Governments across the core Islamic finance markets continue to adjust their funding mix, supporting long-term growth in Sukuk volumes.
Global Sukuk issuance is set to rise six per cent to around $130 billion this year, a fourth consecutive annual increase.
Moody’s stated that the change in global Sukuk issuance reflects sovereigns across core Islamic finance markets’ cultural attraction with Islamic finance and their governments’ desire to promote Shari’ah-compliant banking.
Nitish Bhojnagarwala, VP-Sr Credit Officer at Moody’s, said, “Increased activity in Saudi Arabia and Malaysia helped drive strong issuance of $87 billion in the first six months and this has reduced funding needs.”
The upward trend in Sukuk issuance across the globe is also supported by the rising demand for Islamic bonds from domestic Islamic banks and central bank issuance in the core Islamic finance markets.
In H1 2019, total Sukuk volumes grew to $87.4 billion, a 37 per cent increase from $64 billion the same period last year. Moody’s said that the increase was driven by the GCC region, where issuance rose nine per cent to $26.5 billion, Southeast Asia, where it grew 41 per cent to $53 billion and Turkey where it grew 300 per cent to $7.9 billion.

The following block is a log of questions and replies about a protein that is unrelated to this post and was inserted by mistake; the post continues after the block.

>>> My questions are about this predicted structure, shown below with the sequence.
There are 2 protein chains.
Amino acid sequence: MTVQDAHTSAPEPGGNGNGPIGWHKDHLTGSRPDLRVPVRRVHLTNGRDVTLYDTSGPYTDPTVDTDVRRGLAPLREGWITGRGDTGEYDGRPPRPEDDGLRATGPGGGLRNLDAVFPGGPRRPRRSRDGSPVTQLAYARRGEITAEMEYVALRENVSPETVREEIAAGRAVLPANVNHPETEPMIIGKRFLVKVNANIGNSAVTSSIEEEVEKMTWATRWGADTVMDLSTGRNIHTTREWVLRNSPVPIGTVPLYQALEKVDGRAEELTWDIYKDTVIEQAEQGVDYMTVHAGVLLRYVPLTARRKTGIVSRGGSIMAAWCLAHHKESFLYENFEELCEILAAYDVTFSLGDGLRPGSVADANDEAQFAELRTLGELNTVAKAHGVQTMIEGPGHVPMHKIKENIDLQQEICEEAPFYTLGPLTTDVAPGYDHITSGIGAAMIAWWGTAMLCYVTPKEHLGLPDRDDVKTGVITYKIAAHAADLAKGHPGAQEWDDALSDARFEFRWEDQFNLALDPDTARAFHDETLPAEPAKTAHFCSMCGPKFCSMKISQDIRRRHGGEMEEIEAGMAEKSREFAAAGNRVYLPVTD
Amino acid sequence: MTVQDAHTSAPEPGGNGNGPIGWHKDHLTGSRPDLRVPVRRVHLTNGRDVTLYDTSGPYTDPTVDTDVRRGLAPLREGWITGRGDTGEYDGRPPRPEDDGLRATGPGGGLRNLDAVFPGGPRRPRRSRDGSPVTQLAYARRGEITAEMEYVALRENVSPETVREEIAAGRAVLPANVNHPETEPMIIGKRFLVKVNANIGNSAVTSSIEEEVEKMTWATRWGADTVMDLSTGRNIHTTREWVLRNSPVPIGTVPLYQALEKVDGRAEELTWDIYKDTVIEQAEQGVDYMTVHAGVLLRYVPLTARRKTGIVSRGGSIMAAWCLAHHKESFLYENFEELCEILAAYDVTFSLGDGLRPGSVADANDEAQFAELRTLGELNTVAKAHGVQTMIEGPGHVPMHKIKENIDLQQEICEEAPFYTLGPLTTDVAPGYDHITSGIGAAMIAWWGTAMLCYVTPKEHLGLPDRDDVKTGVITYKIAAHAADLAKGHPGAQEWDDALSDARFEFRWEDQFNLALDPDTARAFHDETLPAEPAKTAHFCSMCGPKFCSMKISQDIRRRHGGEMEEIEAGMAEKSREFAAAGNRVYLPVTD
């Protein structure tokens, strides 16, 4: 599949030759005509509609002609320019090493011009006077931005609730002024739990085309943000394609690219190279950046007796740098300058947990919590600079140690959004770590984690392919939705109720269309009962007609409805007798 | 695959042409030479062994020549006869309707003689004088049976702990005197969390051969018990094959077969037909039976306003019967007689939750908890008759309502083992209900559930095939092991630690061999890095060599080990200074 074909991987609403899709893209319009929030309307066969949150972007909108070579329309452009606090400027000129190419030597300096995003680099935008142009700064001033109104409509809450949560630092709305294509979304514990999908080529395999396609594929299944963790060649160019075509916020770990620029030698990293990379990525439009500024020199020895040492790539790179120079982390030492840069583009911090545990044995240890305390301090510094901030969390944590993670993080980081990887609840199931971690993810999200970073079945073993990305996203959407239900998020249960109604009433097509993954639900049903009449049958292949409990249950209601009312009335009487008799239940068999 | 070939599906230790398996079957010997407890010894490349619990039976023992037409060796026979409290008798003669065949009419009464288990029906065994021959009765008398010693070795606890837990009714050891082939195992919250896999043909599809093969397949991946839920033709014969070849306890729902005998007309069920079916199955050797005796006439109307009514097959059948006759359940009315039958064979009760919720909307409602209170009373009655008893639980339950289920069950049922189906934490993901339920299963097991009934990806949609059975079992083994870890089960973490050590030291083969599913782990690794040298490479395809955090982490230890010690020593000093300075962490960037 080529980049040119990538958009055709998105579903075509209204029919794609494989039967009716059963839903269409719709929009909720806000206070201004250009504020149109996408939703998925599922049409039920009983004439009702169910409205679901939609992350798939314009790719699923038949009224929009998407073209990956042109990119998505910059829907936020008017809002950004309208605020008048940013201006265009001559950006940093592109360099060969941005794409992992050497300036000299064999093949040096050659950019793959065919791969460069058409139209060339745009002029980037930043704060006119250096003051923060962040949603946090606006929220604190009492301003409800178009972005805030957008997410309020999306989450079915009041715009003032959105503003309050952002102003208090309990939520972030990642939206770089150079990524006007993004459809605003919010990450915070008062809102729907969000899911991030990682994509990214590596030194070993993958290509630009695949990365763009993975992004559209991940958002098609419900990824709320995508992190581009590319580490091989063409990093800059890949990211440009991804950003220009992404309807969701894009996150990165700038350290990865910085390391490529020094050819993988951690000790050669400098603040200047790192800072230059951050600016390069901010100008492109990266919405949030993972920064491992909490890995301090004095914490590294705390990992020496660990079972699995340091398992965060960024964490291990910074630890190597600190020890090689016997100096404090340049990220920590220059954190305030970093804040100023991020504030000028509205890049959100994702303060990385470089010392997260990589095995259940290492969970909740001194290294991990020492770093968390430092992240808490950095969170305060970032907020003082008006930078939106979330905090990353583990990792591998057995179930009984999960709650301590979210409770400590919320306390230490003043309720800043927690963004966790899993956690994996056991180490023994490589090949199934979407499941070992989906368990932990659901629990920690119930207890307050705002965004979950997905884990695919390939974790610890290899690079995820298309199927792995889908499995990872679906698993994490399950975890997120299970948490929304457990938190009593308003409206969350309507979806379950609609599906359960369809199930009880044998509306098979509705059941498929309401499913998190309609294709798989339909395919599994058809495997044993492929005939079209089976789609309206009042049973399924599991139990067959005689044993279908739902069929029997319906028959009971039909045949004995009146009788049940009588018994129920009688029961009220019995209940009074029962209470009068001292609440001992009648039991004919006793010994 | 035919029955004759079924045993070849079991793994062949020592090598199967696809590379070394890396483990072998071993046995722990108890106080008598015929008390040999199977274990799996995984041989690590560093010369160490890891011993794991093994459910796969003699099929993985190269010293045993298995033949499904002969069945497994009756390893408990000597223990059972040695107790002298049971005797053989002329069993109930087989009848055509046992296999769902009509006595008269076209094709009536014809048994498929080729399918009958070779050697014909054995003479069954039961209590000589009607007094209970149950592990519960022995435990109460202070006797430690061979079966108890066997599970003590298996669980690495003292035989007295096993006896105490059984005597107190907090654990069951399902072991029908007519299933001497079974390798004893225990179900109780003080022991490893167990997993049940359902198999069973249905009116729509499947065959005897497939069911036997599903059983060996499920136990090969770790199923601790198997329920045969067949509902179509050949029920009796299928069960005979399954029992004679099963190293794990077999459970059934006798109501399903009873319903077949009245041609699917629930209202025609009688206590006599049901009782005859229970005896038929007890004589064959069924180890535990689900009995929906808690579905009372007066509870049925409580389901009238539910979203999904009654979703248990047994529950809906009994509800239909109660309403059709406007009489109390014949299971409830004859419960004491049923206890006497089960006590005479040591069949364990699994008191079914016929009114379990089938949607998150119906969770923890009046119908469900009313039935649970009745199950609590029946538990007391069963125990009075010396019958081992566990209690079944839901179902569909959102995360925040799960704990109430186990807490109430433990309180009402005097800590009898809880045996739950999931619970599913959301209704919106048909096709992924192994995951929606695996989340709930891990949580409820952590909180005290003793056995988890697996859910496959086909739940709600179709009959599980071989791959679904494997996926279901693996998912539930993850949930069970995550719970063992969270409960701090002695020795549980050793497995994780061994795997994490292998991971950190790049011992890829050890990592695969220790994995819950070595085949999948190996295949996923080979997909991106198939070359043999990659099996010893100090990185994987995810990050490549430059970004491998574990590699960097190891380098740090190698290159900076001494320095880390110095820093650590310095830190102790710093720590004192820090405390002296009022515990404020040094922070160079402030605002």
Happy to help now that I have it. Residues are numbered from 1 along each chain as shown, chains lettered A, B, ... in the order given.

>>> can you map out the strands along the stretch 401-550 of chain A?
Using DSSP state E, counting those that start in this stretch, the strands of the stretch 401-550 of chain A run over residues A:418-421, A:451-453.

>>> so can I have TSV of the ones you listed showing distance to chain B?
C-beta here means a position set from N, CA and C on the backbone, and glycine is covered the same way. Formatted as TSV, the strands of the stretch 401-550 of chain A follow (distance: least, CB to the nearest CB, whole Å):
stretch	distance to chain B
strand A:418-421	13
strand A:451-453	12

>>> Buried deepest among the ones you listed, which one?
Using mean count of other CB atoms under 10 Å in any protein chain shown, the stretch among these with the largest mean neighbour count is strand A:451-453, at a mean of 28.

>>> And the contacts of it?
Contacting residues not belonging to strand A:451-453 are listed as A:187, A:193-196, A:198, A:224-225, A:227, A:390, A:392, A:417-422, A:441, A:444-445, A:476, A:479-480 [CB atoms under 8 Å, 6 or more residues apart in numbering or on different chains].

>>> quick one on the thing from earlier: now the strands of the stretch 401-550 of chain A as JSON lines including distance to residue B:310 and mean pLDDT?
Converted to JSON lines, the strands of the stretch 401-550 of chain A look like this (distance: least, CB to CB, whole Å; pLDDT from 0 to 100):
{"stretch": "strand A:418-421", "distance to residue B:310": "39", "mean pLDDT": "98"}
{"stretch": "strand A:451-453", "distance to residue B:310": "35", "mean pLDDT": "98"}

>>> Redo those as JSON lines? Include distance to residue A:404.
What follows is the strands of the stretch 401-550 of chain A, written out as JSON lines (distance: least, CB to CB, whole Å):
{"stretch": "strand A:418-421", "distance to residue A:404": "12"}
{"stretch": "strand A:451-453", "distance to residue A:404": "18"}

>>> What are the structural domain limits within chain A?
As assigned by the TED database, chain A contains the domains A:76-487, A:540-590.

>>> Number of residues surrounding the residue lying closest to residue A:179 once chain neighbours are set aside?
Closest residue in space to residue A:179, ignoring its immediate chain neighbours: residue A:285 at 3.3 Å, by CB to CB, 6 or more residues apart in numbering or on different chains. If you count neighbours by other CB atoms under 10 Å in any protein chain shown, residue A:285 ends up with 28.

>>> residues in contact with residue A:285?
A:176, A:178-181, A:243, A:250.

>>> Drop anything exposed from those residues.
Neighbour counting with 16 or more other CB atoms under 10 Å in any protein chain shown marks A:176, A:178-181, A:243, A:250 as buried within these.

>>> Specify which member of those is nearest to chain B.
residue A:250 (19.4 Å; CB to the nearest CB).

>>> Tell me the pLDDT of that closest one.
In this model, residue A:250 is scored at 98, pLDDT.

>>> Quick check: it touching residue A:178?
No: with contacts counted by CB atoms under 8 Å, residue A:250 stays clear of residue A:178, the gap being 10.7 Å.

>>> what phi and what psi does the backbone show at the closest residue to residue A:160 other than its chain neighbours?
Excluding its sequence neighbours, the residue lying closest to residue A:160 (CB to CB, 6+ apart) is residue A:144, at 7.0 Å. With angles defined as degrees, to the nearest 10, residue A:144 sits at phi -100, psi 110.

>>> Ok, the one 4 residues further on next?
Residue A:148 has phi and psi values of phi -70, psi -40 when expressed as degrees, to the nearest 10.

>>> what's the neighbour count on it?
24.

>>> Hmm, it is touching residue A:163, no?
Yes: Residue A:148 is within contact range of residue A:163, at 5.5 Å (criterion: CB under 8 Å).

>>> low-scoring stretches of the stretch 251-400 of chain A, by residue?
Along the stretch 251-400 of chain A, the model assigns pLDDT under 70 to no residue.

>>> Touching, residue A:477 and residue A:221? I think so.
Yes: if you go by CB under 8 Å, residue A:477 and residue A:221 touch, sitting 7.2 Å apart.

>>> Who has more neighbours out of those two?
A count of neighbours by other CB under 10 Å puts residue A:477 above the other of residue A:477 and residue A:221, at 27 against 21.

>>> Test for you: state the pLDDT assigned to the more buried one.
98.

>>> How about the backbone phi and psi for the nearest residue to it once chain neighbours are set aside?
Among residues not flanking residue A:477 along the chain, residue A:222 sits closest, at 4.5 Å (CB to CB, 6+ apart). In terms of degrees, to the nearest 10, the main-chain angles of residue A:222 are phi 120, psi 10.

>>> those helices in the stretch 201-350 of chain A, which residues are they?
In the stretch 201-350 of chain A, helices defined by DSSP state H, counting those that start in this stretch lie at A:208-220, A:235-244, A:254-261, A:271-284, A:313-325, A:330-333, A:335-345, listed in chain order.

Saudi Arabia accounted for around half the wider GCC region's H1 2019 issuance, with volumes of $12.8 billion compared to $11 billion in the same period of 2018. While volumes in Malaysia increased by 23 per cent to $36 billion, making the country the world's leading issuer, with a 41 per cent share of the total.
The increase in Sukuk volumes in Malaysia reflects a surge in local currency issuance by financial institutions as well as a rise in the volume of short-term Islamic Treasury bills issued by Bank Negara Malaysia.